In 1947, Ferrari built only two cars, both of them race cars. Over 50 years and 70,000 Ferraris later, that racing tradition continues, with this season’s World Sports Car victories at Daytona and Sebring and Michael Schumacher’s recent wins in F–1.
Many enthusiasts dream of buying a Ferrari because of this long racing tradition, yet few Ferrari owners actually become involved in real racing. But in a small way, this is changing.
In 1995 Jacques Swatters, of Garage Francorchamps in Belgium, with help from Jean Sage, former manager of the Renault F–1 team, and the Ferrari factory, organized the first European (Ferrari only) Historic Challenge race. With the exception of a few “privateer–built” Ferrari race cars, only documented, factory–built race cars are eligible, resulting in the ultimate high–speed exhibition of the world’s finest racing Ferraris.
Earlier this year, Ferrari of North America began the (American) Historic Ferrari Challenge. Like the European series, the Historic Challenge is, at least now, a support race for the 355 Challenge. Combined with the Challenge, which attracts about 30 cars per event, it is a wonderful weekend for the Ferrari enthusiast.
Ferrari of North America does pay a reasonable budget for travel expenses to all who enter the U.S. races.
“OK, what’s it cost to race?” Going up the list, the “starter” is probably a 250 Boano, at about $150,000, to race in the drum–brake, pre–1959 class. If you want to go faster, you can add “better than new” engine rebuilds at about $30,000, brake and suspension “tricks” that really work for about $5,000 each, and all the other normal tricks known to any vintage or SCCA racer. Your wallet and ego are the only limits. Once prepared, a weekend racer should have minimal cost, other than oil changes and having your favorite mechanic check everything. Every part on a well–prepared race car should last a full five years.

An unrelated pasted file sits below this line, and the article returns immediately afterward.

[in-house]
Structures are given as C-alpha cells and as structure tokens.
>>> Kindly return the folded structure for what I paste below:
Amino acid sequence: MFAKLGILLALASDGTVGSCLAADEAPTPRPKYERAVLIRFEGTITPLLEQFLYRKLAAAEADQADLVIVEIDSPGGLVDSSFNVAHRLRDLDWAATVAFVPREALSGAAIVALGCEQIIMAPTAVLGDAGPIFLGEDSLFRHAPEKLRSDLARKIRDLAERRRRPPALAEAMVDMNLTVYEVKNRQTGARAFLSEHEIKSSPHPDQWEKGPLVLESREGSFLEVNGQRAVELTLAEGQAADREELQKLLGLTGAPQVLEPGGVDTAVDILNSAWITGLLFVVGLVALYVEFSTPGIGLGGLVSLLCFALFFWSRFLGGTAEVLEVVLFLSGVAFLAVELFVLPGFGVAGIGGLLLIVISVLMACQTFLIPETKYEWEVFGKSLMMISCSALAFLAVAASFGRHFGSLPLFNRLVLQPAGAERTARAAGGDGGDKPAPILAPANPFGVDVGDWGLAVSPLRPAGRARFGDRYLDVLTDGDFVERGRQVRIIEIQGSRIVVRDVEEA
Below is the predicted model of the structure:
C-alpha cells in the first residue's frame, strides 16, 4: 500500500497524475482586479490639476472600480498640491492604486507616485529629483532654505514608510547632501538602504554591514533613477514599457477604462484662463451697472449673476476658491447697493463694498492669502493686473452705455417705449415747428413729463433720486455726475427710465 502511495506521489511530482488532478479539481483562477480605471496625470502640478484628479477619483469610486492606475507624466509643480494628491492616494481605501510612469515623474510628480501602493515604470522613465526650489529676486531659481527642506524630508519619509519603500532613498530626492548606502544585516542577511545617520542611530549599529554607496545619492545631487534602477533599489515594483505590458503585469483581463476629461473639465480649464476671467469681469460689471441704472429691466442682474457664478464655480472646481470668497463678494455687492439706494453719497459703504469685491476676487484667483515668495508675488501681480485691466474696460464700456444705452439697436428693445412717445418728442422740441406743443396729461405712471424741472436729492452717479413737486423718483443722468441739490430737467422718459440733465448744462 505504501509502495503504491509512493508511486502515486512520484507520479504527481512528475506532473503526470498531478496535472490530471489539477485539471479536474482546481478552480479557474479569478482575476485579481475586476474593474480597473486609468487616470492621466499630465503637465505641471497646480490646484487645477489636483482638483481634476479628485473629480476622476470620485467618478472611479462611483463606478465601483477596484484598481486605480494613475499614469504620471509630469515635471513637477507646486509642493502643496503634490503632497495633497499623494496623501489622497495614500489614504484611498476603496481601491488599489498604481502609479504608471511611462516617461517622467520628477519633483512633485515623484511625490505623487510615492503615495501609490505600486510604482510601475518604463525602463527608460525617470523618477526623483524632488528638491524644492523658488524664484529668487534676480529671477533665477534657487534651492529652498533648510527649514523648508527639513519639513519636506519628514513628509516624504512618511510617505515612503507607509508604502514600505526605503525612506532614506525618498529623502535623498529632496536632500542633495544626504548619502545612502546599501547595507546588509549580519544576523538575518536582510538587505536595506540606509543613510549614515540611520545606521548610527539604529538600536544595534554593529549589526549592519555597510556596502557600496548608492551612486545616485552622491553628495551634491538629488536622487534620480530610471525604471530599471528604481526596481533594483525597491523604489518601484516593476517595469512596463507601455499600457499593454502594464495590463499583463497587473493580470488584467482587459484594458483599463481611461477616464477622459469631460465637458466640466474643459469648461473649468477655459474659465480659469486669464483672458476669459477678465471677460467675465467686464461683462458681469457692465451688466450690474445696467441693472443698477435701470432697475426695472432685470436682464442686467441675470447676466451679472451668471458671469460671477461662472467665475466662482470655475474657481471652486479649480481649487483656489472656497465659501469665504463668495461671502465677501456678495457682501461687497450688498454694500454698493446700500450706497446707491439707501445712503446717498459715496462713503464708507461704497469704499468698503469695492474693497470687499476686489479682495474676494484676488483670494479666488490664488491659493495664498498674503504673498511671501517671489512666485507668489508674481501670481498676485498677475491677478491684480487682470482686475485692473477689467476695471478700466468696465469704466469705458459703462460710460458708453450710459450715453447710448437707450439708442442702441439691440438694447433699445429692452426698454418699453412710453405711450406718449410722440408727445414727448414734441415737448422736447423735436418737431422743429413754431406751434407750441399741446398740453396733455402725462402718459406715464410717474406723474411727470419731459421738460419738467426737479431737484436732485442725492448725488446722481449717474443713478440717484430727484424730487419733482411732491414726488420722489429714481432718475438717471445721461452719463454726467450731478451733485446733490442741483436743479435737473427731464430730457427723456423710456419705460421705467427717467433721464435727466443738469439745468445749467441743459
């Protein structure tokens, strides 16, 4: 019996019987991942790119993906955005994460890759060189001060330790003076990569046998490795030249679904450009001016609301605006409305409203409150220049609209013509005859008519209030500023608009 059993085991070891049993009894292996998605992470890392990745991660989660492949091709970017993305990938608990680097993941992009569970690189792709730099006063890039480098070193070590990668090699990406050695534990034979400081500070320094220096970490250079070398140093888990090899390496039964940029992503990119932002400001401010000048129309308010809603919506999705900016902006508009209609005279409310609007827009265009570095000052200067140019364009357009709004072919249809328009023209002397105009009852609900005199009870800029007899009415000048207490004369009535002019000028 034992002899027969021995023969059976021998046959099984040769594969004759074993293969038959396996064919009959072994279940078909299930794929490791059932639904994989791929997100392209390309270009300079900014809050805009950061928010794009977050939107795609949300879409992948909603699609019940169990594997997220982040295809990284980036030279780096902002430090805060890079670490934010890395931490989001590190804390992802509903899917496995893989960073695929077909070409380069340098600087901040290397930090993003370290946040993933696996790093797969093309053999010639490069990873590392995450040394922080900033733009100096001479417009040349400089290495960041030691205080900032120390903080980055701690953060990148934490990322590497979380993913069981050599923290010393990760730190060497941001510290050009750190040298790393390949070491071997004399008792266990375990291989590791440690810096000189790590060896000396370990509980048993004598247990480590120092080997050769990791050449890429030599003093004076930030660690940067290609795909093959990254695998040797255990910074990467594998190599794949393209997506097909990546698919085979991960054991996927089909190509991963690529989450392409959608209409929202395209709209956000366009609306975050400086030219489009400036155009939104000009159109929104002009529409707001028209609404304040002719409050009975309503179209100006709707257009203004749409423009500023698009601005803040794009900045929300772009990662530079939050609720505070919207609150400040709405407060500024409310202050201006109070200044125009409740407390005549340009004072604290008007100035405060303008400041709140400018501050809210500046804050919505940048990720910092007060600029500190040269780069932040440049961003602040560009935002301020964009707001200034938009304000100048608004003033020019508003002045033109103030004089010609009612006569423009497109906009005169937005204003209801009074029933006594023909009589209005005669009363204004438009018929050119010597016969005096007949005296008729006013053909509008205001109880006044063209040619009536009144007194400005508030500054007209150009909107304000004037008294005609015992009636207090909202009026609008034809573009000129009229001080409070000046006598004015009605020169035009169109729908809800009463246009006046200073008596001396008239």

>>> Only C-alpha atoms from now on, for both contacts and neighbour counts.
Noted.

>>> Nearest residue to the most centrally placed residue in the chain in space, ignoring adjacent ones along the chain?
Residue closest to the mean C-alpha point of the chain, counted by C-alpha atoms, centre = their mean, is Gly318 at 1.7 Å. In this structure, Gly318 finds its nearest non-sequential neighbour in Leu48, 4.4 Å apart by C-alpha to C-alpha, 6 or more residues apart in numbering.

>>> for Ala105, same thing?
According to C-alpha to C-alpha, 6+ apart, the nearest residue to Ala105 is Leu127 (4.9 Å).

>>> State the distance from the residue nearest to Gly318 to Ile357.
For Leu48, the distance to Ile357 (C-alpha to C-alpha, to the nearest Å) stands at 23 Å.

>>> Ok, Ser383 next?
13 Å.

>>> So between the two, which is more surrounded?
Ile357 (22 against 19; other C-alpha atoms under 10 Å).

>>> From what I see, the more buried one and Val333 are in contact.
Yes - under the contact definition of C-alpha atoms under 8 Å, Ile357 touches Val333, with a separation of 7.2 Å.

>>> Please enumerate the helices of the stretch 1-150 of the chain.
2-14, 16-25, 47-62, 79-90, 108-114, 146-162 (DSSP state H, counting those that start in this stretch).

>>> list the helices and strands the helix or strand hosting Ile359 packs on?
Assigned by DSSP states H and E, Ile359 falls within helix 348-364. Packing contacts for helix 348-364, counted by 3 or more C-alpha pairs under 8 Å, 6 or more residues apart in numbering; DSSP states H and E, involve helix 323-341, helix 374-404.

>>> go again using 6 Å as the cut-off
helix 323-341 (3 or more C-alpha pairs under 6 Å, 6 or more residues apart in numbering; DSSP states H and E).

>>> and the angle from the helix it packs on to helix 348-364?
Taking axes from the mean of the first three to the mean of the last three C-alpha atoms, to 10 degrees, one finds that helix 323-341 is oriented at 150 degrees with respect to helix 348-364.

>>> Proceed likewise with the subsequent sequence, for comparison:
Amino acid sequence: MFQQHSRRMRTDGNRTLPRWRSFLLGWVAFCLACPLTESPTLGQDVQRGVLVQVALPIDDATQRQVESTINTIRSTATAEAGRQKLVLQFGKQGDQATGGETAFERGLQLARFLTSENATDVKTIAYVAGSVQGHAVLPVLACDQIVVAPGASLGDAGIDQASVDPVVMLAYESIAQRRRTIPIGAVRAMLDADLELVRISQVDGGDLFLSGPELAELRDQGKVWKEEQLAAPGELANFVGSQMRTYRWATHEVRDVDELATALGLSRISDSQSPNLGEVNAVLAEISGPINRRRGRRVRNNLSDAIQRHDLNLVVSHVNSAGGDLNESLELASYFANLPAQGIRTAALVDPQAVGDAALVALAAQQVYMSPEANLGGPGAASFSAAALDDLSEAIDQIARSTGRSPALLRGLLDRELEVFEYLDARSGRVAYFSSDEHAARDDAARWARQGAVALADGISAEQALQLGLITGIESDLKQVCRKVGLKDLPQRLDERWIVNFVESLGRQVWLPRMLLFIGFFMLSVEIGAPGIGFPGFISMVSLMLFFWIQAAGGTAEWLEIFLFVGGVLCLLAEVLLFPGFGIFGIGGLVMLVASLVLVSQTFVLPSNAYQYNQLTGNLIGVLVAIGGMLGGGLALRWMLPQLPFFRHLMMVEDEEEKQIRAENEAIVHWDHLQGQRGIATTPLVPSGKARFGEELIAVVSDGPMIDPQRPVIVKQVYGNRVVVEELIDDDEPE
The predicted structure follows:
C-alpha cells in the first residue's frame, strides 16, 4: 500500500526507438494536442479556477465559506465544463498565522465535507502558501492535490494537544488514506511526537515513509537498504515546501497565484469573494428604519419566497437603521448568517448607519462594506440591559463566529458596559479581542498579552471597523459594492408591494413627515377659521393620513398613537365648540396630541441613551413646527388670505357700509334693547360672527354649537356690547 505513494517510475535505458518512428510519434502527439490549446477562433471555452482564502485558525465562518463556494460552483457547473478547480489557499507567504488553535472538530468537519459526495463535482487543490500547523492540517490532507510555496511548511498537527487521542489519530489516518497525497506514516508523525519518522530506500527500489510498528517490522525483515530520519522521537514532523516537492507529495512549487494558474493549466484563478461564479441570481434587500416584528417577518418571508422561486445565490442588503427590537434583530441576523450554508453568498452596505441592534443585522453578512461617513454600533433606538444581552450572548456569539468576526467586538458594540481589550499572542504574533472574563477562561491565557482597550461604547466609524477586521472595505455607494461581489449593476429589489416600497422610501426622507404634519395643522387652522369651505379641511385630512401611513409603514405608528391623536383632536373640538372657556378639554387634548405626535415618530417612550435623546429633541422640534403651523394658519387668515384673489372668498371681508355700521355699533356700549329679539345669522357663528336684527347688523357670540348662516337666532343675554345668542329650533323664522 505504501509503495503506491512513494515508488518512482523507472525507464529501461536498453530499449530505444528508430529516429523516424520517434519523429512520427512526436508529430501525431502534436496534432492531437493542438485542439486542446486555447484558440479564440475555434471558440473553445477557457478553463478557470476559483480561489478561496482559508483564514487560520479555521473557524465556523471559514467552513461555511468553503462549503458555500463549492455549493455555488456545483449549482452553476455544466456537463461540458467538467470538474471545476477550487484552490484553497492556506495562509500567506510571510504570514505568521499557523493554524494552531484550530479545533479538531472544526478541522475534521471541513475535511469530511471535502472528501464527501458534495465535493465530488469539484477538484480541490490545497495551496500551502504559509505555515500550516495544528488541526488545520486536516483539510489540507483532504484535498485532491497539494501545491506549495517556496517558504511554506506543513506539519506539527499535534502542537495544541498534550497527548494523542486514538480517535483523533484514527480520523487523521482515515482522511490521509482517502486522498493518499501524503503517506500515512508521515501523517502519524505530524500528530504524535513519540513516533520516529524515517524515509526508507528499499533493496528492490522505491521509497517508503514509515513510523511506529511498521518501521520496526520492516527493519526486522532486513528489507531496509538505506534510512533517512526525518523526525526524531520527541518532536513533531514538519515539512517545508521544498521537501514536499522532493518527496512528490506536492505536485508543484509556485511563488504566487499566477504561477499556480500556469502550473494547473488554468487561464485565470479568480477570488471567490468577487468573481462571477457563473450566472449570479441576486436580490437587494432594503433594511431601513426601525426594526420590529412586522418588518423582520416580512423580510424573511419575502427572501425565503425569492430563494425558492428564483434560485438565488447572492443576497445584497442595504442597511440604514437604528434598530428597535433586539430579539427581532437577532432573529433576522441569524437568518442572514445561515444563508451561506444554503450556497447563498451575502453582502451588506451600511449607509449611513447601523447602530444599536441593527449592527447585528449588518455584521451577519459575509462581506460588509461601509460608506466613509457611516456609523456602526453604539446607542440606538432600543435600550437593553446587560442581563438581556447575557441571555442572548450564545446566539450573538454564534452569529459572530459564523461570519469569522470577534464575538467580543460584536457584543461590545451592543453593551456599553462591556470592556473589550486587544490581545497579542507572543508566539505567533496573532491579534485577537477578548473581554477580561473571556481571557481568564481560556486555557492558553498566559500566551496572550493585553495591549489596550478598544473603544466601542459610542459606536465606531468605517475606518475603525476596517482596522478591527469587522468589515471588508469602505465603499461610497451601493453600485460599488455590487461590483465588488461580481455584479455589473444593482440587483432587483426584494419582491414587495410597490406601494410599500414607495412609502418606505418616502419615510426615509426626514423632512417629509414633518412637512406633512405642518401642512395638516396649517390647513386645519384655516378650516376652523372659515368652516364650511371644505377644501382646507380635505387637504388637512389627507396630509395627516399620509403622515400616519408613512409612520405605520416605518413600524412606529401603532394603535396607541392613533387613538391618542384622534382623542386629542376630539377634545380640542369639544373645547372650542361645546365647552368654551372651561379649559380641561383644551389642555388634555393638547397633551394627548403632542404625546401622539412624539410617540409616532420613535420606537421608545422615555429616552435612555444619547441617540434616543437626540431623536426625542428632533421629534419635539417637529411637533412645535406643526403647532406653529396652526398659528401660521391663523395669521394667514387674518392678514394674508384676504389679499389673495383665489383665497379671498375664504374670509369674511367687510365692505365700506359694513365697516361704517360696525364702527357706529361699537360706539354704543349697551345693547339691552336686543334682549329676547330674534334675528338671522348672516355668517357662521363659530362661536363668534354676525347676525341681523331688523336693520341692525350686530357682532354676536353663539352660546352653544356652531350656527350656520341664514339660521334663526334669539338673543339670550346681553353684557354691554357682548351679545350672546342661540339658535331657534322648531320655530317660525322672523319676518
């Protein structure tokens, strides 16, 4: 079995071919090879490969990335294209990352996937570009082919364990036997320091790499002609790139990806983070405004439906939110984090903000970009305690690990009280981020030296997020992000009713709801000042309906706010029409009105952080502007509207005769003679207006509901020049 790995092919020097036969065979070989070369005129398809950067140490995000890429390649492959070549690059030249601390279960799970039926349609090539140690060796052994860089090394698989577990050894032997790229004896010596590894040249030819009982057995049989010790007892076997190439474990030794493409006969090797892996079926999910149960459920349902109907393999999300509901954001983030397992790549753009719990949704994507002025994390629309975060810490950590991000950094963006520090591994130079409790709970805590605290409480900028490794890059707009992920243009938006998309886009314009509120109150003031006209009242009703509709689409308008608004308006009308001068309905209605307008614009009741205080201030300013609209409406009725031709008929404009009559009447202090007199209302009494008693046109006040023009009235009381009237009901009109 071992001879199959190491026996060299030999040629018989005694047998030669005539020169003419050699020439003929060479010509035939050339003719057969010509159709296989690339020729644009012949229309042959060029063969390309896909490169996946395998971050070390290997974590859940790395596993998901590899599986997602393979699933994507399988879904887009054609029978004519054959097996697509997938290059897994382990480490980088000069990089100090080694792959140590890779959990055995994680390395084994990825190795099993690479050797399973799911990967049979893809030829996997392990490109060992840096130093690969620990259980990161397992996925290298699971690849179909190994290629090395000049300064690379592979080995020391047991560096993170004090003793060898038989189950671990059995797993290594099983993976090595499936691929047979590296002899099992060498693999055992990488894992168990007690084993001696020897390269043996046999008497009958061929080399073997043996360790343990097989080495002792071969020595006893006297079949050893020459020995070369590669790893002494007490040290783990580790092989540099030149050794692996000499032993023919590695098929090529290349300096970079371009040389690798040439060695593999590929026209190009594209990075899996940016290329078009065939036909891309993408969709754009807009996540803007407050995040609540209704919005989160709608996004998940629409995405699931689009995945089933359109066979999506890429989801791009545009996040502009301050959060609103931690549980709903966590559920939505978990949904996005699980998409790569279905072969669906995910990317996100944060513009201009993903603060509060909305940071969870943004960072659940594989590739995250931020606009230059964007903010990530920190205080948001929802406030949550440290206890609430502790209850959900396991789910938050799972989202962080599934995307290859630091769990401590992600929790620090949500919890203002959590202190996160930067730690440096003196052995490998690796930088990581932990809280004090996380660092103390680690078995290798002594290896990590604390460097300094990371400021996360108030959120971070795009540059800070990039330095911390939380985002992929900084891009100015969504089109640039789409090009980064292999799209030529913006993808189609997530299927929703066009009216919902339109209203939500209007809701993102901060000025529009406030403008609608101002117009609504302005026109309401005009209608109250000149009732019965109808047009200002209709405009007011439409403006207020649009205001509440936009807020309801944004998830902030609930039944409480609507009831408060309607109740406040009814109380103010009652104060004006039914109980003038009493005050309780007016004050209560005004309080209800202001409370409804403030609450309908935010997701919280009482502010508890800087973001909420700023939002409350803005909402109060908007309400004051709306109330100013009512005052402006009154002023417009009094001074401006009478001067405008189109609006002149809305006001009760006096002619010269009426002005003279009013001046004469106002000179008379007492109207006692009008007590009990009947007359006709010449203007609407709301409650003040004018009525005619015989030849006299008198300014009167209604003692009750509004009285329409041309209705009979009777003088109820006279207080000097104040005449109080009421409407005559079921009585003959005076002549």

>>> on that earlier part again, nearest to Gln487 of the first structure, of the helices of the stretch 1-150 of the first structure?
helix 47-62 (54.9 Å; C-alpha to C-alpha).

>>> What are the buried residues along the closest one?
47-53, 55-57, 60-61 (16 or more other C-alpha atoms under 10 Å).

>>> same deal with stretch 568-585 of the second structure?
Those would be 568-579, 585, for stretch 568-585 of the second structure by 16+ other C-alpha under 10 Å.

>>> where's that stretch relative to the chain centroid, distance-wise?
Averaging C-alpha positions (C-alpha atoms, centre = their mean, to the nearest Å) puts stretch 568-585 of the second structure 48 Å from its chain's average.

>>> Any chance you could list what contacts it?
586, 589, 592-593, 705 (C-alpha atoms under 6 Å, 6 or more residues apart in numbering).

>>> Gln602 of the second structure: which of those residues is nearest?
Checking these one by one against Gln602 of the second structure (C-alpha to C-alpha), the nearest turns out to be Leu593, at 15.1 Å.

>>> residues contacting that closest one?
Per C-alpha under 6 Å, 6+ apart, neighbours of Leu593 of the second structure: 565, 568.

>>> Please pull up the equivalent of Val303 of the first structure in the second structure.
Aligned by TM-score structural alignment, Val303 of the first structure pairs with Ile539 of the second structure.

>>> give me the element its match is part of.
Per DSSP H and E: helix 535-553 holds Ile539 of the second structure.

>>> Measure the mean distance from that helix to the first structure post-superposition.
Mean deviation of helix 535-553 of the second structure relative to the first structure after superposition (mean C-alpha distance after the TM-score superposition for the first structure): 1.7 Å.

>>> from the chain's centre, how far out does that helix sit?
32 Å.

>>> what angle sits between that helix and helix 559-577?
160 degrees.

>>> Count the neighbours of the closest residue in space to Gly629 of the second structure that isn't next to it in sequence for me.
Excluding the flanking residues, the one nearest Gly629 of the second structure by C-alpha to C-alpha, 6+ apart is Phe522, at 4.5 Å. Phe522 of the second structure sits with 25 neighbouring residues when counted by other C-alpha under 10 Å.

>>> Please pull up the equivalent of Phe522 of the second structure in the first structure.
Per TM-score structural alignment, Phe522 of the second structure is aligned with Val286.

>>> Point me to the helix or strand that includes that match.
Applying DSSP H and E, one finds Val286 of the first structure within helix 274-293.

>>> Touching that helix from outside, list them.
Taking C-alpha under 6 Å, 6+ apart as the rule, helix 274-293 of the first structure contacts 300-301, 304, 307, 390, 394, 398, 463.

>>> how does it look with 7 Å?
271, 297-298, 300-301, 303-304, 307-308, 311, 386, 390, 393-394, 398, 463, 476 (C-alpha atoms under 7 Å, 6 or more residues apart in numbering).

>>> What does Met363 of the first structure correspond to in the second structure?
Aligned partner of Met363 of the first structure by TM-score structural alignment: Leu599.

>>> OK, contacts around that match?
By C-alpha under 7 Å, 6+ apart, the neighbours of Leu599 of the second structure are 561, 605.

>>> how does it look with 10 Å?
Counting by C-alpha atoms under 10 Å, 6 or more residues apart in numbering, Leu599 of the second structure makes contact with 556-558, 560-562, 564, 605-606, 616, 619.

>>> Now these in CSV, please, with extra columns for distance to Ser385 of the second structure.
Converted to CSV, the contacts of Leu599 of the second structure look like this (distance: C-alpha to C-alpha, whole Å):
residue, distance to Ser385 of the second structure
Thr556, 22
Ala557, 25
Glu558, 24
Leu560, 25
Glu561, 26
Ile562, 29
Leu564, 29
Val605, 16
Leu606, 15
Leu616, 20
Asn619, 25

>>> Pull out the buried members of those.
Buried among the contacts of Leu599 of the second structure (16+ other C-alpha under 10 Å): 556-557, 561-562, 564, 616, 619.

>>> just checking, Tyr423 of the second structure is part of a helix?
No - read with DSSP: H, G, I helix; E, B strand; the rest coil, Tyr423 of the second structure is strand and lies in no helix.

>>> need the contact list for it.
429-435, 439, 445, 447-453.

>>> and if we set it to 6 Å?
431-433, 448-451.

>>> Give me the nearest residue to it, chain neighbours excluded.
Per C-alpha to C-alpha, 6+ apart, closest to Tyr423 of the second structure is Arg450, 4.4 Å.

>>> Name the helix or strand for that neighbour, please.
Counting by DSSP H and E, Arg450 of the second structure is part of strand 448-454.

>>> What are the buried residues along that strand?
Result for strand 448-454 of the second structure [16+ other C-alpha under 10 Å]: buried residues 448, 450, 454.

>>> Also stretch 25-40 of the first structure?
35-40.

For those with strong arms and budgets starting around $175,000, a non–factory Competition Daytona is the Ferrari of choice. Buy the right car, and it should easily do a five–race season with no maintenance other than oil changes and a set of plugs.
But to go fast and win, this year’s “E–ticket” Ferrari is the 512 BBLM, available for about $275,000 and about as bullet–proof and low maintenance as a race car can possibly be. Count on a new set of slicks every weekend at about $1,000 a set, an oil change and that’s it. If, of course, you pay close attention to the rev limiter. Otherwise things can get very, very expensive in a hurry.
The hot ride combined with the ultimate sound and the Ferraris that should win are the 512 Ss, 512 Ms and the 312 PBs. All cost well over $1 million. They were built to run 24 hours at Le Mans, flat out. Other than a set of slicks per race, they should require almost no maintenance. To date, to my amazement, the two 512s entered in the U.S. series have not run at the front.
The Shell Historic Challenge has done much to cause the run–up in prices in the most desirable and competitive Ferraris since 1995. The U.S. series can only accelerate the trends. I’ve already picked out the car I want to run next year. See you at the track.
MICHAEL SHEEHAN has been a Ferrari dealer for 30 years as well as a race car driver and exotic car broker.